Black box found at Air Algerie jet wreckage site

PARIS — French soldiers secured a black box from the Air Algerie wreckage site in a desolate region of restive northern Mali on Friday, the French president said. Terrorism hasn’t been ruled out as a cause, although officials say the most likely reason for the catastrophe that killed all onboard is bad weather.

At least 116 people were killed in Thursday’s disaster, nearly half of whom were French. President Francois Hollande put the number of victims at 118, a discrepancy that couldn’t be immediately clarified.

One of two black boxes was recovered from the wreckage in the Gossi region of Mali near the border with Burkina Faso, and was taken to the northern city of Gao, where a French contingent is based, Hollande told reporters after an emergency meeting with government ministers.

“There are, alas, no survivors,” Hollande said. “I share the pain of families living through this terrible ordeal.”

A team of French air accident investigators was being sent to Mali, he said.

Air Algerie and private Spanish airline Swiftair, which was operating Flight 5017, said Thursday there were 116 people onboard.

French television showed images of the crash site scene taken by a soldier from Burkina Faso. The brief footage showed a desolate area with scattered debris that was unrecognizable. There were bits of twisted metal but no identifiable parts such as the fuselage or tail, or victims’ bodies. Scrubby vegetation could be seen scattered in the background.

Burkina soldiers were reportedly the first to reach the site, apparently Thursday evening, and the images were viewed at the Burkina Faso crisis center.

Gen. Gilbert Diendere, a close aide to Burkina Faso President Blaise Compaore and head of the crisis committee set up to investigate the disaster, said of the footage: “People expected to see an airplane sitting somewhere, and unfortunately it was debris scattered over about 550 yards, which made the search of the area very, very difficult.”

Burkina Faso Prime Minister Luc Adolphe Tiao reviewed videos of the wreckage site and said identifying the victims will be challenging.

“It will be difficult to reconstitute the bodies of the victims,” Tiao said at a news conference. “The human remains are so scattered.”

A French Reaper drone based in Niger initially spotted the wreckage, French Transport Minister Frederic Cuvillier told France-Info radio on Friday. Two helicopter teams also flew over the site, noting the wreckage was in a concentrated area. A column of soldiers in about 30 vehicles was sent to the site, he said.

“We sent men, with the agreement of the Mali government, to the site, and they found the wreckage of the plane with the help of the inhabitants of the area,” Diendere said.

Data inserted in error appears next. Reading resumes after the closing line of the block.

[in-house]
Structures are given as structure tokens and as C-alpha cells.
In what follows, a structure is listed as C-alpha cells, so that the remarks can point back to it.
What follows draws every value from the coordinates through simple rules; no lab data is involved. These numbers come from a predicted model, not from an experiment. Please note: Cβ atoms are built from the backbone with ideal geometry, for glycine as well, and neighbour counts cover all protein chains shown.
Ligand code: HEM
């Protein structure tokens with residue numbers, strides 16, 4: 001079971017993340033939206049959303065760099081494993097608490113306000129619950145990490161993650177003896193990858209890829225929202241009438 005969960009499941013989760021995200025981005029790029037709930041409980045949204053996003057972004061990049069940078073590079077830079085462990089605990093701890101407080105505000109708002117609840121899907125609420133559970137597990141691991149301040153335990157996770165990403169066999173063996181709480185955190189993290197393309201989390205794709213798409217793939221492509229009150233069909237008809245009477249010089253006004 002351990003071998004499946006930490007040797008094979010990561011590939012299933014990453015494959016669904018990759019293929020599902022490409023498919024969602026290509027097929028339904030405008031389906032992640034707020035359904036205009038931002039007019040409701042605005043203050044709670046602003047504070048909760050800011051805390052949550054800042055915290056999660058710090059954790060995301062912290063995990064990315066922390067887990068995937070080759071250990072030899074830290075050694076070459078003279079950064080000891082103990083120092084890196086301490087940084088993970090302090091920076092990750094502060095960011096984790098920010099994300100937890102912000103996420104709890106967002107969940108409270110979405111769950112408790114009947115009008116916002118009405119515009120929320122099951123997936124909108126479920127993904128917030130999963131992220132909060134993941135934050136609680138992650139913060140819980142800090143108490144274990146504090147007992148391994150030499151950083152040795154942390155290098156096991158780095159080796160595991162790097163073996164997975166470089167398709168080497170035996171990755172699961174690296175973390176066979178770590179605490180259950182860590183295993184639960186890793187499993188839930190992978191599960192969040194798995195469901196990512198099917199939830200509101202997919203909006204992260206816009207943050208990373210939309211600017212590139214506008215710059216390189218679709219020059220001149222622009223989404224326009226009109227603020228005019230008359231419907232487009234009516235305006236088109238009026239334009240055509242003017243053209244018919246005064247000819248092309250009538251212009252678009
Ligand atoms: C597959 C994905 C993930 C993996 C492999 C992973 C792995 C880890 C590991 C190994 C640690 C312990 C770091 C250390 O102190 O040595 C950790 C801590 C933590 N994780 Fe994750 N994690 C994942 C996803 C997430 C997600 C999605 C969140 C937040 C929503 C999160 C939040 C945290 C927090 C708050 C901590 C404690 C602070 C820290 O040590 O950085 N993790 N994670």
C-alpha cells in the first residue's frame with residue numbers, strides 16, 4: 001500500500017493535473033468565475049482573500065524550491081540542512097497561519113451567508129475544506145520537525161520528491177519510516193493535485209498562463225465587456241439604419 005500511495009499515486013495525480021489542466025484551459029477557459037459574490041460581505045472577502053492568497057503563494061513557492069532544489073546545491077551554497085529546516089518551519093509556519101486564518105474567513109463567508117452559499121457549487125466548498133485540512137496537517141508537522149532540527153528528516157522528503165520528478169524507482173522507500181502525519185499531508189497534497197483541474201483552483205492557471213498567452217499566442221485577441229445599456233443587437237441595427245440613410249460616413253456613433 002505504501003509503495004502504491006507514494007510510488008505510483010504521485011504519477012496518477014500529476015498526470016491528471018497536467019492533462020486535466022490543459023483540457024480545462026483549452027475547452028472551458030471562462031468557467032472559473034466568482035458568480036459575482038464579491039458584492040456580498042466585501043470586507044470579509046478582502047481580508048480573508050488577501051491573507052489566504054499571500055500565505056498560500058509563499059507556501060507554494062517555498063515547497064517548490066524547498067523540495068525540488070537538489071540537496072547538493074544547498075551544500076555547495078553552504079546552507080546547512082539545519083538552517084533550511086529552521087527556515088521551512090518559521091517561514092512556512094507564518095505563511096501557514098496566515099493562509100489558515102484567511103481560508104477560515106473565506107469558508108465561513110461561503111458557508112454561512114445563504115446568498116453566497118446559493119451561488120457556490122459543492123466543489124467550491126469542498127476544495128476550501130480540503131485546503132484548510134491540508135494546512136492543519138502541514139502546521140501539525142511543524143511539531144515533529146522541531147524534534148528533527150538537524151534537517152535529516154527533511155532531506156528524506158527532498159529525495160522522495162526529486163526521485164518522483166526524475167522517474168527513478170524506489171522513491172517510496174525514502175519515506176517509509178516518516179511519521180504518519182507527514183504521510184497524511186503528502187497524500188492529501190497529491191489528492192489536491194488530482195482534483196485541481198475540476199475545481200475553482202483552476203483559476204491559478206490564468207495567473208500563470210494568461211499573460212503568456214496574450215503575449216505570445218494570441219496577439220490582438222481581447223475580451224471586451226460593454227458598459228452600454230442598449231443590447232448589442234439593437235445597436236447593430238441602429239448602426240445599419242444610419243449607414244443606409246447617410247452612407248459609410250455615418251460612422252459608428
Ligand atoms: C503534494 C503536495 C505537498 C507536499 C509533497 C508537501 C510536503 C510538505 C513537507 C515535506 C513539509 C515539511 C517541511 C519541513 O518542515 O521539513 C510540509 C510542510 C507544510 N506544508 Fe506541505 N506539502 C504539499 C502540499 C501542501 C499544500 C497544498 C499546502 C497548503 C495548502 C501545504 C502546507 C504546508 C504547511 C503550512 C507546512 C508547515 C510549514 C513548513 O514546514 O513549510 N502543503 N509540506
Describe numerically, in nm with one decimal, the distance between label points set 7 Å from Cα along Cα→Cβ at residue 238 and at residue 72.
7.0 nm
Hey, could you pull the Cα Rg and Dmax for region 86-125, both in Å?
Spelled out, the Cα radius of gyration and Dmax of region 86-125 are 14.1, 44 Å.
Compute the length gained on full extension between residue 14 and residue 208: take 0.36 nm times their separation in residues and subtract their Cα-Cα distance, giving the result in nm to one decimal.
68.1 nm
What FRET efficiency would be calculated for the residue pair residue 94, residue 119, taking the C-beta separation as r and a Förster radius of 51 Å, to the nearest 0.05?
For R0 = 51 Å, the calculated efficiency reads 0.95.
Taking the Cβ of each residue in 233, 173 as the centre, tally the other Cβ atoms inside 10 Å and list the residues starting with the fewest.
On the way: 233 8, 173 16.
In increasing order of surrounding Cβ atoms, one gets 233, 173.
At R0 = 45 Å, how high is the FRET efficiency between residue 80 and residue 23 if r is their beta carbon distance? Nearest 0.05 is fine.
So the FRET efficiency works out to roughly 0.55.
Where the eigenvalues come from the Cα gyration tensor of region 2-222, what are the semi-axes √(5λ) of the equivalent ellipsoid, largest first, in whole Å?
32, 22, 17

Many of the passengers were scheduled to head on to Europe after the plane was due to arrive in the Algerian capital from Burkina Faso’s capital, Ouagadougou.

The president has said that France will spare no efforts to uncover why the plane went down — the third major plane disaster around the world within a week. A Malaysia Airlines flight was shot down last week over war-torn eastern Ukraine. The U.S. has blamed it on separatists firing a surface-to-air missile. On Wednesday, a Taiwanese plane crashed during a storm, killing 48 people.

The vast deserts and mountains of northern Mali fell under control of ethnic Tuareg separatists and then al-Qaida-linked Islamic extremists after a military coup in 2012.

French forces intervened in January 2013 to rout Islamist extremists controlling the region. A French soldier was killed earlier this month near the town of Gao, where French troops remain.

The intervention scattered the extremists, but the Tuaregs have pushed back against the authority of the Bamako-based government. Meanwhile, the threat from Islamic militants hasn’t disappeared, and France is giving its troops a new and larger anti-terrorist mission across the region.

“There are hypotheses, notably weather-related, but we don’t rule out anything because we want to know what happened,” Hollande said. “What we know is that the debris is concentrated in a limited space, but it is too soon to draw conclusions.”

Interior Minister Bernard Cazeneuve said on RTL radio: “Terrorist groups are in the zone. … We know these groups are hostile to Western interests.”

The MD-83 aircraft, owned by Swiftair and leased by Algeria’s flagship carrier, disappeared from radar screens less than an hour after it took off early Thursday from Ouagadougou for Algiers. The plane had requested permission to change course because of bad weather.

The pilots had sent a final message to ask Niger air control to change its route because of heavy rain, Burkina Faso Transport Minister Jean Bertin Ouedraogo said Thursday.

The MD-83 had passed its annual air navigation certificate renewal inspection in January without any problems, Spanish Deputy Prime Minister Soraya Saenz de Santamaria said Friday. The European Aviation Safety Agency also carried out a “ramp inspection” — or unannounced spot check — of the plane in June without incident.

Santamaria also said a ramp inspection was done on the plane in Marseille, France, on July 22 — two days before the plane went down.

Ramp inspections “are limited to on-the-spot assessments and cannot substitute for proper regulatory oversight,” the EASA website says. “Ramp inspections serve as pointers, but they cannot guarantee the airworthiness of a particular aircraft.”

———

AP journalists Ciaran Giles in Madrid, Spain, and Brahima Ouedraogo in Ouagadougou, Burkina Faso, contributed to this report.

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